Foo Fighters, named after a World War II secret term used to describe UFOs, began with Dave Grohl, originally the drummer for Nirvana.
Grohl formed Foo Fighters in 1994 after the death of Kurt Cobain, Nirvana's lead singer. Now Grohl was able to stretch his fingers and mind as he lead his new band, originally meant as an anonymous solo project, in guitar, vocals, and song writing. Many of the band's first songs were by Grohl during his Nirvana years.
After playing all of the instruments on the Foo Fighters' demo tape, Grohl decided it would be wise to form a band to support the album and possible future works. The original band line up consisted of Grohl on lead guitar and vocals, drummer William Goldsmith, guitarist Pat Smear and bassist Nate Mendel.
Drama began to splinter the band slightly during the recording of their second album in 1996. Grohl was not happy with the initial recordings and decided to have the band re-record everything, especially the drums. Grohl took over the drums during the record sessions without telling Goldsmith, causing a hurt Goldsmith to leave the band. After the release of the band's first album, Smear also announced his decision to quit.
Taylor Hawkins took over as the band's drummer and Franz Stahl took over second guitar. Stahl would remain part of the band until 1998 when he was let go due to creative differences. Chris Shiflett then became Foo Fighters' permanent second guitarist after Stahl. However, it was confirmed that Smear played on every track on the band's most recent album, Wasting Light, and is back to full-time band member status, alongside Shiflett.
The band has had a steady release of albums since their debut, each with successful singles. On their debut album (1995), their single, “I'll Stick Around” hit No. 8 on the US Hot Modern Rock charts. 1997's The Colour and the Shape consisted of two big hits, with “Monkey Wrench” and “Everlong.”
Both songs are featured in the Rock Band game series and “Monkey Wrench” is also featured in the Guitar Hero game series.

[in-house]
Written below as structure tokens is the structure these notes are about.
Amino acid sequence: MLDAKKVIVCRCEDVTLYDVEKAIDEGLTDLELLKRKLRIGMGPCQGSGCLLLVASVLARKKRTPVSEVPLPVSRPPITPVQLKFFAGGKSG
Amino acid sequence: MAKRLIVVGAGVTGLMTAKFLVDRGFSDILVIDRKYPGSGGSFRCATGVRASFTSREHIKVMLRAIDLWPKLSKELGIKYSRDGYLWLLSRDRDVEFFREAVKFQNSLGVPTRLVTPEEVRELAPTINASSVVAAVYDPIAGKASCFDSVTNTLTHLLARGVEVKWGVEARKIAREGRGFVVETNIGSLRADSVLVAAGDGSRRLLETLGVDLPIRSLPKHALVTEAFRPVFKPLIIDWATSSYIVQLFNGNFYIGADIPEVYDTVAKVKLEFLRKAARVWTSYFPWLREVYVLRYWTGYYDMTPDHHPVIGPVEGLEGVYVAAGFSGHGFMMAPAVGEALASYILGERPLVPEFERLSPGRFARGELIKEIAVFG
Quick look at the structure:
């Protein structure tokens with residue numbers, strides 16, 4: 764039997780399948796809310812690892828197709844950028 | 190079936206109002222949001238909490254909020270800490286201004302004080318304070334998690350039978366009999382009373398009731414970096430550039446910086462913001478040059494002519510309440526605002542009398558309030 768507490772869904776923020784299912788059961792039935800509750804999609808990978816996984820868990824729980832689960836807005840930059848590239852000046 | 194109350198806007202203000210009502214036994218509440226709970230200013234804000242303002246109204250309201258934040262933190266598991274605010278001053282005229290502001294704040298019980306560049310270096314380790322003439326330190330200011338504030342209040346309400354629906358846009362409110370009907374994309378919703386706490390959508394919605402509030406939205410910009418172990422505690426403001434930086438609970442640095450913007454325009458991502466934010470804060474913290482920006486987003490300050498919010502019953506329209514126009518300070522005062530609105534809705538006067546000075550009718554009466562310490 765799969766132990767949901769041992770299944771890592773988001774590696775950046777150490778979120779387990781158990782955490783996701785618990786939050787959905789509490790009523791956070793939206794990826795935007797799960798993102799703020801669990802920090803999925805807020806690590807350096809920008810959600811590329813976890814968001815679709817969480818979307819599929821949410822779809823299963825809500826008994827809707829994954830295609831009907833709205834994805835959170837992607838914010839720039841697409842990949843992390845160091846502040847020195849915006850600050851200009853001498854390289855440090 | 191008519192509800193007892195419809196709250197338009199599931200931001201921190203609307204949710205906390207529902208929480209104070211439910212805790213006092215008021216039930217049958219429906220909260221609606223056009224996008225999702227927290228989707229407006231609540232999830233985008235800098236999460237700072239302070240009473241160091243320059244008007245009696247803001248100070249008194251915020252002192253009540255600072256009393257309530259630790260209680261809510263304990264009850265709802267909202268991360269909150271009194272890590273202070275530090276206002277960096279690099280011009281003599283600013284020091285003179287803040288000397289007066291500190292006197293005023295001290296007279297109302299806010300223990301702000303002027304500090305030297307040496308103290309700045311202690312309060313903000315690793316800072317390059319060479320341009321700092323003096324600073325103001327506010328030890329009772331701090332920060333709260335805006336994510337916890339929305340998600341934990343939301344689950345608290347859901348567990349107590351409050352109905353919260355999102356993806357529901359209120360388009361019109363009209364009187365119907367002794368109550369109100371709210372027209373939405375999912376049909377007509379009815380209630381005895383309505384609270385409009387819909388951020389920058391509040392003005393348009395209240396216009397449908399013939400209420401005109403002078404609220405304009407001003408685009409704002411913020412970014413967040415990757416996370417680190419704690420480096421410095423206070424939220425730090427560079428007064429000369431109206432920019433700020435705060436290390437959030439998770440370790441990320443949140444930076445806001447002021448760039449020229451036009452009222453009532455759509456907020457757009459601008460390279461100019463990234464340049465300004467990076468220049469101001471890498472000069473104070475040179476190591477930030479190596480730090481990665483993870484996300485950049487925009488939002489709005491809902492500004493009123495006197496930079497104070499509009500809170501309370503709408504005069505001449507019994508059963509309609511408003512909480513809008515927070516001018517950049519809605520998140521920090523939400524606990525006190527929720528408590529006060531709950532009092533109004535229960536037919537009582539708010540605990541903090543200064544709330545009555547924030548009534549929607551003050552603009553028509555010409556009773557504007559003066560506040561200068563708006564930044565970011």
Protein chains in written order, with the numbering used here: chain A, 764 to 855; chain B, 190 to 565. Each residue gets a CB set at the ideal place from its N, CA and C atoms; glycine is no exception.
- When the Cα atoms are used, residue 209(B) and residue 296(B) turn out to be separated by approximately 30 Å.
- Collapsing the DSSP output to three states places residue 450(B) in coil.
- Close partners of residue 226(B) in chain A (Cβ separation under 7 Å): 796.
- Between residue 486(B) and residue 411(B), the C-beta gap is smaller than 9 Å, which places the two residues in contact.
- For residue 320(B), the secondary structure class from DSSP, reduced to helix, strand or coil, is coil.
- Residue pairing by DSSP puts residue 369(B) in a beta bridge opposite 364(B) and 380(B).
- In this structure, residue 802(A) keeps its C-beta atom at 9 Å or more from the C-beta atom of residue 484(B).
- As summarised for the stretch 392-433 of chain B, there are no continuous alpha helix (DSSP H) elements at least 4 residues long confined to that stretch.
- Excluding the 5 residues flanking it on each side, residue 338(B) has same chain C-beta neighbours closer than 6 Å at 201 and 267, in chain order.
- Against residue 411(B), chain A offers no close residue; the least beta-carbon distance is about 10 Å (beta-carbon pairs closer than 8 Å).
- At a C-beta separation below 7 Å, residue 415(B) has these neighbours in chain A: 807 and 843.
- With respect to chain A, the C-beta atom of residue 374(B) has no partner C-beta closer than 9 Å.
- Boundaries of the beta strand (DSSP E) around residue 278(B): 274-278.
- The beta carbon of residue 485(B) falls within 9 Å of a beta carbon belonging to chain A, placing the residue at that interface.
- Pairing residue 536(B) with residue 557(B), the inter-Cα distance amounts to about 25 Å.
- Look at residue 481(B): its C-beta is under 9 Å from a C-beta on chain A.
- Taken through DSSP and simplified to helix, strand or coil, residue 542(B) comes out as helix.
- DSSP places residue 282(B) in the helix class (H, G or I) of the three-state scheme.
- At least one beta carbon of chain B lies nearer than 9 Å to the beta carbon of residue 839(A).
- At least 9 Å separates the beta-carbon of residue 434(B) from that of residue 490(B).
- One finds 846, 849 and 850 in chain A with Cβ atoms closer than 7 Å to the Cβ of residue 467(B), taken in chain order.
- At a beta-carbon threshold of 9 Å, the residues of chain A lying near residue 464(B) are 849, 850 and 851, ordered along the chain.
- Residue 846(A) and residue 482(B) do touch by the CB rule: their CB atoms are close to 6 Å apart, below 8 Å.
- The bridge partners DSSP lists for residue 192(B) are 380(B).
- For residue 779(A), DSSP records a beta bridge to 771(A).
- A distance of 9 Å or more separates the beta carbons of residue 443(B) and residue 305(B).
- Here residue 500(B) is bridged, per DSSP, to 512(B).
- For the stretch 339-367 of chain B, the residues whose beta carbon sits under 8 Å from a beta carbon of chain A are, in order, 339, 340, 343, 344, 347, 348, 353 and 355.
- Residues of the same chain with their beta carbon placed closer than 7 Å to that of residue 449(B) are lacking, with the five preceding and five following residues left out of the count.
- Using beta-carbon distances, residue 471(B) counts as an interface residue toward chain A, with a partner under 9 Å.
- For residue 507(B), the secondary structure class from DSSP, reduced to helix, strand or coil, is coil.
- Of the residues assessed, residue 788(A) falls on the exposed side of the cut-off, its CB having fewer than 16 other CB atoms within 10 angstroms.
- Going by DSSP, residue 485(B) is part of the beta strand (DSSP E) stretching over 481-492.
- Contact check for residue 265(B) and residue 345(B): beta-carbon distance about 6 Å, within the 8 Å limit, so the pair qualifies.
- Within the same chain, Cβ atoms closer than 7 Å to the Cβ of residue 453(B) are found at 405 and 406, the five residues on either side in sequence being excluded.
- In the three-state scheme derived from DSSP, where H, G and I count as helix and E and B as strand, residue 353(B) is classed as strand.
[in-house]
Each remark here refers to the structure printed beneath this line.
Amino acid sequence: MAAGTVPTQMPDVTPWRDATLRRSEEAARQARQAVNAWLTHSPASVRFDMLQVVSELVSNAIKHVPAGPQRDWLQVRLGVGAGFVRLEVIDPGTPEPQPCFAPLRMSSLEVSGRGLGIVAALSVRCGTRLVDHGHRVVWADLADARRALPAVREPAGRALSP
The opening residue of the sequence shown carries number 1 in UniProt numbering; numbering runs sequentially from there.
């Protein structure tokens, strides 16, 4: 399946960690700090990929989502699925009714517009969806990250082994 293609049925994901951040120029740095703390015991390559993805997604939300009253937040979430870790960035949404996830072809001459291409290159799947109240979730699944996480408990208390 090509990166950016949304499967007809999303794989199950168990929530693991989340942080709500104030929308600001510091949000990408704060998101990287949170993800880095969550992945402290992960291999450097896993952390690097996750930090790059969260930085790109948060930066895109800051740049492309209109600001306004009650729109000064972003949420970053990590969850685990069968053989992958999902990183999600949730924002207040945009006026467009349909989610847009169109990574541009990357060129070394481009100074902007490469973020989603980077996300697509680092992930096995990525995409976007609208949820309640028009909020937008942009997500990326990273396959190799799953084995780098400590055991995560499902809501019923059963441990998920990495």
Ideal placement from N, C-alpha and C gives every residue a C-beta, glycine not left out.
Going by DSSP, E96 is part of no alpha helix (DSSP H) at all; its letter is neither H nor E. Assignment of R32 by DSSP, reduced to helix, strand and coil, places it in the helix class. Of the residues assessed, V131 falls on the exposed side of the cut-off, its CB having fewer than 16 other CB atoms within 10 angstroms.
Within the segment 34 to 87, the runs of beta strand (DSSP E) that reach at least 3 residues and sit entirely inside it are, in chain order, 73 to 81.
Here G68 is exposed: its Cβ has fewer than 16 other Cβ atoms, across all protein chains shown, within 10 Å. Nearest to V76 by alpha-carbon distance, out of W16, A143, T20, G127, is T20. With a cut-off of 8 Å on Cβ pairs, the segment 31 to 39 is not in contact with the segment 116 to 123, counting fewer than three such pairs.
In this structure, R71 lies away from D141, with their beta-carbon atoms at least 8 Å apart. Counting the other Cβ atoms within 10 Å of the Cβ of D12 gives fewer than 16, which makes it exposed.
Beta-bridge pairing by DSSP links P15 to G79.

2001's contained, “Learn to Fly,” which was the first single of the band to reach the US Hot 100. “Learn to Fly” received extensive airplay on both pop and rock stations with a hilarious music video to entertain all ages and listeners. It could be considered the band's first real breakout hit with the mainstream audience.
One by One (2004) produced four successful singles, with “Have it All,” “All My Life,” “Low” and especially “Times Like These,” but the album took three years and much infighting within the band to produce.
In Your Honor (2005) was not nearly as difficult to record and produced a single with success similar to “Learn to Fly.” It consisted of two discs: the first being full rock tracks, and the second being acoustic. “Best of You” also reached the US Hot 100, peaking at No. 18, which beat “Learn to Fly” by one position.
Echoes, Silence, Patience & Grace (2007) cemented Foo Fighters as a band to be reckoned with. Their single, “The Pretender,” remained on Billboard's Modern Rock chart for a record 19 weeks. The album was also nominated for five Grammy Awards, with The Foo Fighters winning two.
In 2009, the band released a greatest hits compilation. This compilation included two new songs, one of which being the single, “Wheels.” “Wheels” hit No. 1 on the US Billboard Rock Songs chart.
2010 brought Wasting Light, which has so far produced two singles, “Rope” and “Walk.” Wasting Light debuted at No. 1 on the Billboard 200 chart, a first for a Foo Fighters album.